The first two legs, Japan and South Korea, Trump will mostly address physical security, including a major speech at the National Assembly in Seoul. South Korea's President Moon Jae-in has invited Trump to visit the military base, Camp Humphreys. Administration officials expect the visit to the military base will highlight two things: that South Korea is sharing the financial burden of its defense and that President Moon, who campaigned as a liberal dove, is now fully committed to defending his country against an emboldened Kim Jong-un.
The final two legs, Trump visits Vietnam for the Asia-Pacific Economic Cooperation (APEC) summit, a free trade forum for 21 Pacific Rim economies. Finally, Trump attends the Association of Southeast Asian Nations (ASEAN) summit in the Philippines.
CHINA LEADERSHIP - China's ruling Communist Party has voted to enshrine Xi Jinping's name and ideology in its constitution, elevating him to the level of founder Mao Zedong. Previous Chinese Communist Party leaders have had their ideologies incorporated into the party's constitution or thinking, but none, besides founder Mao Zedong, have had their philosophy described as 'thought,' which is at the top of the ideological hierarchy.
China revealed its Politburo Standing Committee, China's most powerful body, breaking with tradition by not including a clear successor to President Xi Jinping.
All members are ages 60 to 67.
MAGIC NUMBER - America’s retailers have a new target customer: the 26-year-old millennial. That age bracket, bigger than any other—numbering 4.8 million—is part of a generation radically different from its predecessors that is pushing brands to develop new products and overhaul marketing. Many millennials are on the verge of life-defining moments such as buying a house and having children. But companies looking to be part of that have run into a problem. “They’re much more of a ‘do-it-for-me’ type of customer than a ‘do-it-yourself’ customer,” says Joe McFarland, executive vice president of J.C. Penney stores. In response, companies including Home Depot and Sherwin-Williams are hosting classes and online tutorials to teach such basic skills as operating a lawn mower, tape measure, mop and hammer.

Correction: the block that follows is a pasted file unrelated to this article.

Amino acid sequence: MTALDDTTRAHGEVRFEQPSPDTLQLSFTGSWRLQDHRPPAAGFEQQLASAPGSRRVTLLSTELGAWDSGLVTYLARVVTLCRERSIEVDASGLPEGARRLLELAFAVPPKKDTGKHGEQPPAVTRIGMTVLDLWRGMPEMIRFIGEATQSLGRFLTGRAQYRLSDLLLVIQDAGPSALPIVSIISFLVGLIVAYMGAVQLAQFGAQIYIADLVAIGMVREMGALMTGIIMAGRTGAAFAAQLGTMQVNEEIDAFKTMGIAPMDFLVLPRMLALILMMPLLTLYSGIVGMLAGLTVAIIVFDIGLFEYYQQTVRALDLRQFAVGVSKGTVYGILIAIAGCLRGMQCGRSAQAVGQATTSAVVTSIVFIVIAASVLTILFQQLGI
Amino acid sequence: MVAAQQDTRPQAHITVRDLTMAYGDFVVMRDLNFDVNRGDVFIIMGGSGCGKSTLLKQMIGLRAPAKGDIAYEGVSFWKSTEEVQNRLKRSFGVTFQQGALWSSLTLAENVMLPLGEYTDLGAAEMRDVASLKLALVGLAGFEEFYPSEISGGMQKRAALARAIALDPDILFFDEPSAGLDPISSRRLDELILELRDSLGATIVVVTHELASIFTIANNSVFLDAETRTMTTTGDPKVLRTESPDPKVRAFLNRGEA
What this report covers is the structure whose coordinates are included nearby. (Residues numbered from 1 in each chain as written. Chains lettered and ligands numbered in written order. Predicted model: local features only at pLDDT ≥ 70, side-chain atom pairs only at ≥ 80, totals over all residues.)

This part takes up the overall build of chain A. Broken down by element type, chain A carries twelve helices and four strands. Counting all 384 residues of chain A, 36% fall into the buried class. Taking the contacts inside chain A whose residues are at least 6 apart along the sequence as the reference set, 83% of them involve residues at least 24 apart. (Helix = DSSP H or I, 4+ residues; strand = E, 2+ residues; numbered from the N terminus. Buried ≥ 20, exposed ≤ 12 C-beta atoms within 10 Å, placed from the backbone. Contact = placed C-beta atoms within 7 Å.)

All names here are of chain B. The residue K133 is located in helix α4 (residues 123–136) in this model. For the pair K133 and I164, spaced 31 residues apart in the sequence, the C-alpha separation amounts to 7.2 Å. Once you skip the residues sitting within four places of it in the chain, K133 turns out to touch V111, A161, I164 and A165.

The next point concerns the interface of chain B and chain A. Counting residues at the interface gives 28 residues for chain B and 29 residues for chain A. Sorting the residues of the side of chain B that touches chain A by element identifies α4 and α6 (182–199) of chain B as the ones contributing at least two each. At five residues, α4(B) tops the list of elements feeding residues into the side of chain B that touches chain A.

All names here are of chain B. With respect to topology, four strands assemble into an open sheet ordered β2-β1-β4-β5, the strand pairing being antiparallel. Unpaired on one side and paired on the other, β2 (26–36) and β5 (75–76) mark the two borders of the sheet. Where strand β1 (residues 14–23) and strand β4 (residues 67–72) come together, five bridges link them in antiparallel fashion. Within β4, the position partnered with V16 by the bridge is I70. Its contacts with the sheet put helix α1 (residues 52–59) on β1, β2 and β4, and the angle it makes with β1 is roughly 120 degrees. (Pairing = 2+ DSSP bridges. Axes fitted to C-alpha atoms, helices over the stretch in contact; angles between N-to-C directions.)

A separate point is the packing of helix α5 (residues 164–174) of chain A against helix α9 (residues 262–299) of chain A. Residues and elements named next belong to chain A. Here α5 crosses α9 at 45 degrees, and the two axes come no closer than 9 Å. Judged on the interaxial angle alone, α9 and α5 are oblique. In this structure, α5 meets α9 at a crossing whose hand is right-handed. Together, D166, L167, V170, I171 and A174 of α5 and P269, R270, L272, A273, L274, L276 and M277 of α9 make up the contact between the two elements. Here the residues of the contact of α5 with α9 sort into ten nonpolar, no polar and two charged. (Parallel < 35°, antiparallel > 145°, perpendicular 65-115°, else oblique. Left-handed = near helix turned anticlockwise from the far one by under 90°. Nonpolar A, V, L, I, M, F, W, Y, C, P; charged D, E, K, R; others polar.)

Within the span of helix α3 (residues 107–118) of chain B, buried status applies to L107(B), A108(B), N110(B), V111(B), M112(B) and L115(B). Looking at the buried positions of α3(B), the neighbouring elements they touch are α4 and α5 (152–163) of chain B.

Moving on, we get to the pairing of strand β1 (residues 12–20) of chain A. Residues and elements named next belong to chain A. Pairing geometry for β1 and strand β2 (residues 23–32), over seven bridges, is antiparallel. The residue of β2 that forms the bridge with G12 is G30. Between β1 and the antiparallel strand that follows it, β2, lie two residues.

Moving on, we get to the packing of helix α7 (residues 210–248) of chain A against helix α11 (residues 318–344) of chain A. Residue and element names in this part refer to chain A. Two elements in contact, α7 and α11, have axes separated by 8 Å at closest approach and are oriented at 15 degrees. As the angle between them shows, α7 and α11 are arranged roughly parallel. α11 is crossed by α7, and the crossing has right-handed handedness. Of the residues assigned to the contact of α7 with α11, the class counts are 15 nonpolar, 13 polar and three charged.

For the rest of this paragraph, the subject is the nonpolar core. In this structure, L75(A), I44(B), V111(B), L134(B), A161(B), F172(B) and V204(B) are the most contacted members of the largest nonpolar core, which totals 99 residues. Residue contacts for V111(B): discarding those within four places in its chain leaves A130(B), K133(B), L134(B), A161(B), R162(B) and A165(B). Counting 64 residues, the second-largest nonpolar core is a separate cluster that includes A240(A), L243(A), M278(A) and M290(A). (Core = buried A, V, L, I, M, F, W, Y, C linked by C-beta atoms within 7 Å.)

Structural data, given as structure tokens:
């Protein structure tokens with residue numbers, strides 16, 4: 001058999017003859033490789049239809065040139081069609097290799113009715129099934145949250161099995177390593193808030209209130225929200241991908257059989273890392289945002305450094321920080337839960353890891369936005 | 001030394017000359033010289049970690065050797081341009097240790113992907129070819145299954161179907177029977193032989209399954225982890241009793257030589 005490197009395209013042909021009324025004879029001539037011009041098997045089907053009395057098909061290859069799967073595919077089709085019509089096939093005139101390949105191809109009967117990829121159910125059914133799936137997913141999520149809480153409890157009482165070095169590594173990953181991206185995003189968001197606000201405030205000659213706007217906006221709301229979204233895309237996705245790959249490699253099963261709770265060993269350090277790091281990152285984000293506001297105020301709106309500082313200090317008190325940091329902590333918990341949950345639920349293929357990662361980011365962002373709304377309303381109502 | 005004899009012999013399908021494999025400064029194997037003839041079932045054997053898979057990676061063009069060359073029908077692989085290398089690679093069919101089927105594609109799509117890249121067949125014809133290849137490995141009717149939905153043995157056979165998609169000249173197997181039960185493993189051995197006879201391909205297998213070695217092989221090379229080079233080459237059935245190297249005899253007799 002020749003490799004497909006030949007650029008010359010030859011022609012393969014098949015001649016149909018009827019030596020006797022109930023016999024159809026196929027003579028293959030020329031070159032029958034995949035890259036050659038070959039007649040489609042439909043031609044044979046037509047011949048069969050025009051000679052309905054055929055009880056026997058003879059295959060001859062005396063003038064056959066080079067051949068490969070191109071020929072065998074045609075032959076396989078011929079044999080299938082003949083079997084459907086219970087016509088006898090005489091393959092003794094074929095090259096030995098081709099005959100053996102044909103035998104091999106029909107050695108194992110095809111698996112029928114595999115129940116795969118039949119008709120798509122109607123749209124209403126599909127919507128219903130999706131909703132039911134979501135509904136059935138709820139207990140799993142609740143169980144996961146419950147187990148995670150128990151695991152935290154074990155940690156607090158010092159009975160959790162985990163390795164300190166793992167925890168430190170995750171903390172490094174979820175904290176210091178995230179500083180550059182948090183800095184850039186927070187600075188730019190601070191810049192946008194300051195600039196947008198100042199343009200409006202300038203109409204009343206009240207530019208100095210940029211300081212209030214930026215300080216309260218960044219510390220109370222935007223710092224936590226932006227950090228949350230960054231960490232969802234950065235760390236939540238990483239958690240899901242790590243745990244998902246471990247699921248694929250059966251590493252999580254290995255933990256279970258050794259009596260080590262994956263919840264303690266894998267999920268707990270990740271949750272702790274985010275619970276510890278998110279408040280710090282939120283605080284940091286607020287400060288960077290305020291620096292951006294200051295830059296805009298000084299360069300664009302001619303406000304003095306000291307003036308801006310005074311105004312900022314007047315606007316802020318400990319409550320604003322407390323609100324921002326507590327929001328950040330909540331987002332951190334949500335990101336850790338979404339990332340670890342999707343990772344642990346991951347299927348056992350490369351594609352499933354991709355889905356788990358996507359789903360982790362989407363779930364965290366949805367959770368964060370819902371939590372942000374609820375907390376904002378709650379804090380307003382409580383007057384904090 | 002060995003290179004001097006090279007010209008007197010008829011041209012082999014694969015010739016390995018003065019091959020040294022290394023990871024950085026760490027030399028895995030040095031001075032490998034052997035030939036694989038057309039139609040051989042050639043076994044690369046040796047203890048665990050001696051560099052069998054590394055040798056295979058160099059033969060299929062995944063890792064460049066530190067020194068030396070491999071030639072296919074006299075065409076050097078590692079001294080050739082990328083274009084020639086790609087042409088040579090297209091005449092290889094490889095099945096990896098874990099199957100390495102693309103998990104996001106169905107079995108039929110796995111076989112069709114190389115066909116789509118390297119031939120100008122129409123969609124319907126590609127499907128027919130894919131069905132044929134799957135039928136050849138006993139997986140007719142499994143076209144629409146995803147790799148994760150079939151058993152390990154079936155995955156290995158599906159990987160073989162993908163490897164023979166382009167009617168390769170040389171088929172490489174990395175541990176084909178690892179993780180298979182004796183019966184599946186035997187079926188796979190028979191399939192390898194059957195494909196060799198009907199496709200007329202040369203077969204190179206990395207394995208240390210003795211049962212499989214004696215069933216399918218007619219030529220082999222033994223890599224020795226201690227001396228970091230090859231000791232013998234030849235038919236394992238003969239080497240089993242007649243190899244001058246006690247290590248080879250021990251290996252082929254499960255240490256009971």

FOLLOW YOUR INSTINCTS - When weighing a big decision, is it safe to just go with your gut? Scientists, authors and motivational speakers (plus plenty of moms) have long touted the power of intuition—and many studies show that decisions made unconsciously, before the rational mind can get involved, are often better. But not always, says John Bargh, a psychology professor at Yale and director of the ACME (Automaticity in Cognition, Motivation, and Evaluation) Laboratory. The gut is good, for example, with complex decisions when the amount of information is overwhelming, but it can also push us to be impulsive. How to best use your intuition? We offer pointers—including to remember that it can be influenced by strong emotions.